Recently I also glued on the later style skeg patch (left) to take the plastic fin. No more faffing about with butterfly nuts and bolts and bits of bent alloy. The patch costs £12 and so does the skeg, which I also fitted to my Grabner Amigo.
The best inflation valves for an inflatable packboat aren’t the simple bungs you find on an airbed or an old Semperit. Nor the twist valves off a Feathercraft Java or an old Alpacka.
What you want are one-way valves like the high-pressure ones on white water rafts, pictured right and copied by many. Like a car-tyre valve, one-way operation as well as a secure seal are the key, so what pumps in doesn’t push back or escape when you remove the inflation hose.
With proper IKs valves, pushing the button down and turning clockwise locks the valve open to release air. For pumping up, push lightly and turn anticlockwise so it springs back up to seal. This closed ‘button up’ position is the best way to transport an IK as the valve mechanism is less vulnerable to damage. To lose a little pressure (say, the boat is getting hot in the sun) just jab the valve core button, same as on a car tyre.
Post-2010 Gumotex valves use ‘push-push’ valves (left). I always make sure I refit the cap seal straight away to keep grit or water out.
I’ve found these valves reliable on all my IKs, although this Gumotex 410C owner didn’t. Once in a while – or after the boat is new – you may want to check the valve is screwed tight against the fabric with the valve spanner, right. They’re useful too for removing the valve (or a PRV; see below) should it play up.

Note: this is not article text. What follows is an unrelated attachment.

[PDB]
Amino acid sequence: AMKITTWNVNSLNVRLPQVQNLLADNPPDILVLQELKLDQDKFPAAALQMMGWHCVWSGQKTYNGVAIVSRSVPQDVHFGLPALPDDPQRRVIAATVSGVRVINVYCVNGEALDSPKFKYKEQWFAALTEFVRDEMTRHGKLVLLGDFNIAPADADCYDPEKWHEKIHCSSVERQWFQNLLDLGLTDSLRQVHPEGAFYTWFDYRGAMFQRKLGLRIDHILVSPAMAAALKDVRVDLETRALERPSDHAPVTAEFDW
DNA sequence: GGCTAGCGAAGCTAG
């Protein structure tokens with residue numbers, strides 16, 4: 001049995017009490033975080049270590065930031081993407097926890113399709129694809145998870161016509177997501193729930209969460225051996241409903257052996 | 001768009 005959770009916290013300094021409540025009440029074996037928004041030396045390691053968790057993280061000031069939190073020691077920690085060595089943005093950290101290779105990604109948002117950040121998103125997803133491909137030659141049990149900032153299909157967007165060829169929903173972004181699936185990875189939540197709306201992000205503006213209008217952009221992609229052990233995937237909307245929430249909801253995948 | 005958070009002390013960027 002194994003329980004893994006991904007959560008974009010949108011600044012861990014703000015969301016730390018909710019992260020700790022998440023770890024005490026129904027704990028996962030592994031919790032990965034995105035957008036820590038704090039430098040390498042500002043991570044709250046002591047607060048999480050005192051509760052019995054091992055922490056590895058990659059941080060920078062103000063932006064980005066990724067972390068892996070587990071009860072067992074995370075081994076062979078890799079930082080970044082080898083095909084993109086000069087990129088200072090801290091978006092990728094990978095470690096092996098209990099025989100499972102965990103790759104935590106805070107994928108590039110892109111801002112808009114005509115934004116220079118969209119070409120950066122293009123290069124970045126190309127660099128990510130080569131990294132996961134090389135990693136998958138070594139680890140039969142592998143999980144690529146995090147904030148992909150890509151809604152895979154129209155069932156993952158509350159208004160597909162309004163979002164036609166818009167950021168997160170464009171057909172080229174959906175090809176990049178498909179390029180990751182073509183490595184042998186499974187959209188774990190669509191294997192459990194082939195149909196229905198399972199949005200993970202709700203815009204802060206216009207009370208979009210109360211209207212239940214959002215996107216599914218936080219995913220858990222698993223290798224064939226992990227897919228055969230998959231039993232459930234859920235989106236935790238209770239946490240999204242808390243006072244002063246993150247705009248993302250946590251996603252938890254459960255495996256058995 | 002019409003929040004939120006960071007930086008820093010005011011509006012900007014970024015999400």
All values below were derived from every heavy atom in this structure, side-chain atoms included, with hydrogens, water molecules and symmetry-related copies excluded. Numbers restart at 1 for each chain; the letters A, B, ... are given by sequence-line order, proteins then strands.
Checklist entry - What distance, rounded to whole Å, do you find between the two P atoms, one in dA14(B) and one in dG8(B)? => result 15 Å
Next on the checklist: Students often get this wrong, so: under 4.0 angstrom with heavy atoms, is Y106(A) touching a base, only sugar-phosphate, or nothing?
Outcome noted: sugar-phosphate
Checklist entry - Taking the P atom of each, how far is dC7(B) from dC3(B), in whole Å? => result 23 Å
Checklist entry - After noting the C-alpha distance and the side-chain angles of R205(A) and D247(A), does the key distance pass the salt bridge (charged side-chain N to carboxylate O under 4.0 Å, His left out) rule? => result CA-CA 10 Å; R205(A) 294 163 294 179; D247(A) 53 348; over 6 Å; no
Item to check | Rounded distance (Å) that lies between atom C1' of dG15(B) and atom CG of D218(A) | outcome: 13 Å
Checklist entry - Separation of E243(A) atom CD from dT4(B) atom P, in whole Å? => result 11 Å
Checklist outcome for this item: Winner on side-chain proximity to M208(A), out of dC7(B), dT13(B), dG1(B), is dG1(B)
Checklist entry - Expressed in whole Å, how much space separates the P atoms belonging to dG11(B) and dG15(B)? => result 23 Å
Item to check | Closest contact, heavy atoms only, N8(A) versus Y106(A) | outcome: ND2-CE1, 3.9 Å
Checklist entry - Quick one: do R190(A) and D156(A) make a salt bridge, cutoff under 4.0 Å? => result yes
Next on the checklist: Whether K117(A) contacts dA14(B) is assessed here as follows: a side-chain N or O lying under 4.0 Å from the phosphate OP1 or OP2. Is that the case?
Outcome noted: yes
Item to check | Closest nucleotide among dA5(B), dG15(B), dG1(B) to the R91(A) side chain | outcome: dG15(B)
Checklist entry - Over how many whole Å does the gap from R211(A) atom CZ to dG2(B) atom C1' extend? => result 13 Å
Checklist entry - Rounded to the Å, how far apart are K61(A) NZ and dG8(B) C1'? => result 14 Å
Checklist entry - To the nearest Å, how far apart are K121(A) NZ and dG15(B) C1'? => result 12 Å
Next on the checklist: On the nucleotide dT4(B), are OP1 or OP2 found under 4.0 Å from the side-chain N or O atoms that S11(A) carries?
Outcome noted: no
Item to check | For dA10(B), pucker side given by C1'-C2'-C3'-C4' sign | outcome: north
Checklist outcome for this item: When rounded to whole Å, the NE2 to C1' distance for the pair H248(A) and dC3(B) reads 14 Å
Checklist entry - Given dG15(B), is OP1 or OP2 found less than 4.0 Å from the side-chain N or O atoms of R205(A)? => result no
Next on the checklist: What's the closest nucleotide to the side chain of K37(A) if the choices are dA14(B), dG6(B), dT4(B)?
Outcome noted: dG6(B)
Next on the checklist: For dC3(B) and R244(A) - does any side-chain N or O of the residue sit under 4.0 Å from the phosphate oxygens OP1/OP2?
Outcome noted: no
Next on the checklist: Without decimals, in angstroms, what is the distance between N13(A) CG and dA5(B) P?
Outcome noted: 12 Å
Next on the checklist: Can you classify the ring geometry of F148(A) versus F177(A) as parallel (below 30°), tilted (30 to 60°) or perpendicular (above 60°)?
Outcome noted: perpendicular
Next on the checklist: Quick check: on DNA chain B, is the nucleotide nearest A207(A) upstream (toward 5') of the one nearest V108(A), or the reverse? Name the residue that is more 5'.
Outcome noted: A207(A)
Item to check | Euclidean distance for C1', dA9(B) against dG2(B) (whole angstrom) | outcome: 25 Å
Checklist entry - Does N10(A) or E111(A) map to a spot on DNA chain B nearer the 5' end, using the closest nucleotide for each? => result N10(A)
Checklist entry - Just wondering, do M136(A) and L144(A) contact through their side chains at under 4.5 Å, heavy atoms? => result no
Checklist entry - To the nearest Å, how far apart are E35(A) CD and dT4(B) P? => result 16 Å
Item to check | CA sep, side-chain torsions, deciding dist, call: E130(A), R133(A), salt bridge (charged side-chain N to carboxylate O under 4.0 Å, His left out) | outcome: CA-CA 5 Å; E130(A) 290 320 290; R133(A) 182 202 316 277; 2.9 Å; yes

When it comes to inserting the inflation hose, one-way IK valves can take simple push-fit adaptors as shown below left; just shove the adaptor in and it sort of stays in place while pumping. It looks cheap but on a Gumotex at least, works fine. With higher-pressure boats like Grabners and Incepts and some Gumotii, you’re better off using a bayonet fitting (below right) so it won’t pop off as pressure builds.
Screw-cap Boston valves are used on cheaper IKs as well as slackrafts and packrafts. They have two caps: the main one unscrewed (below left) to dump the air, and a square cap to access the one-way valve to top off a boat (middle). These are low-pressure valves using a simple soft rubber ‘mushroom’ on a stem (below right) which is fine on a boat you top off by mouth, not a pump – ie: packrafts not proper IKs. With a packraft, the one-way valve eliminates the need for a separate top-up valve which means one less thing to leak or malfunction. Most packrafts use these now.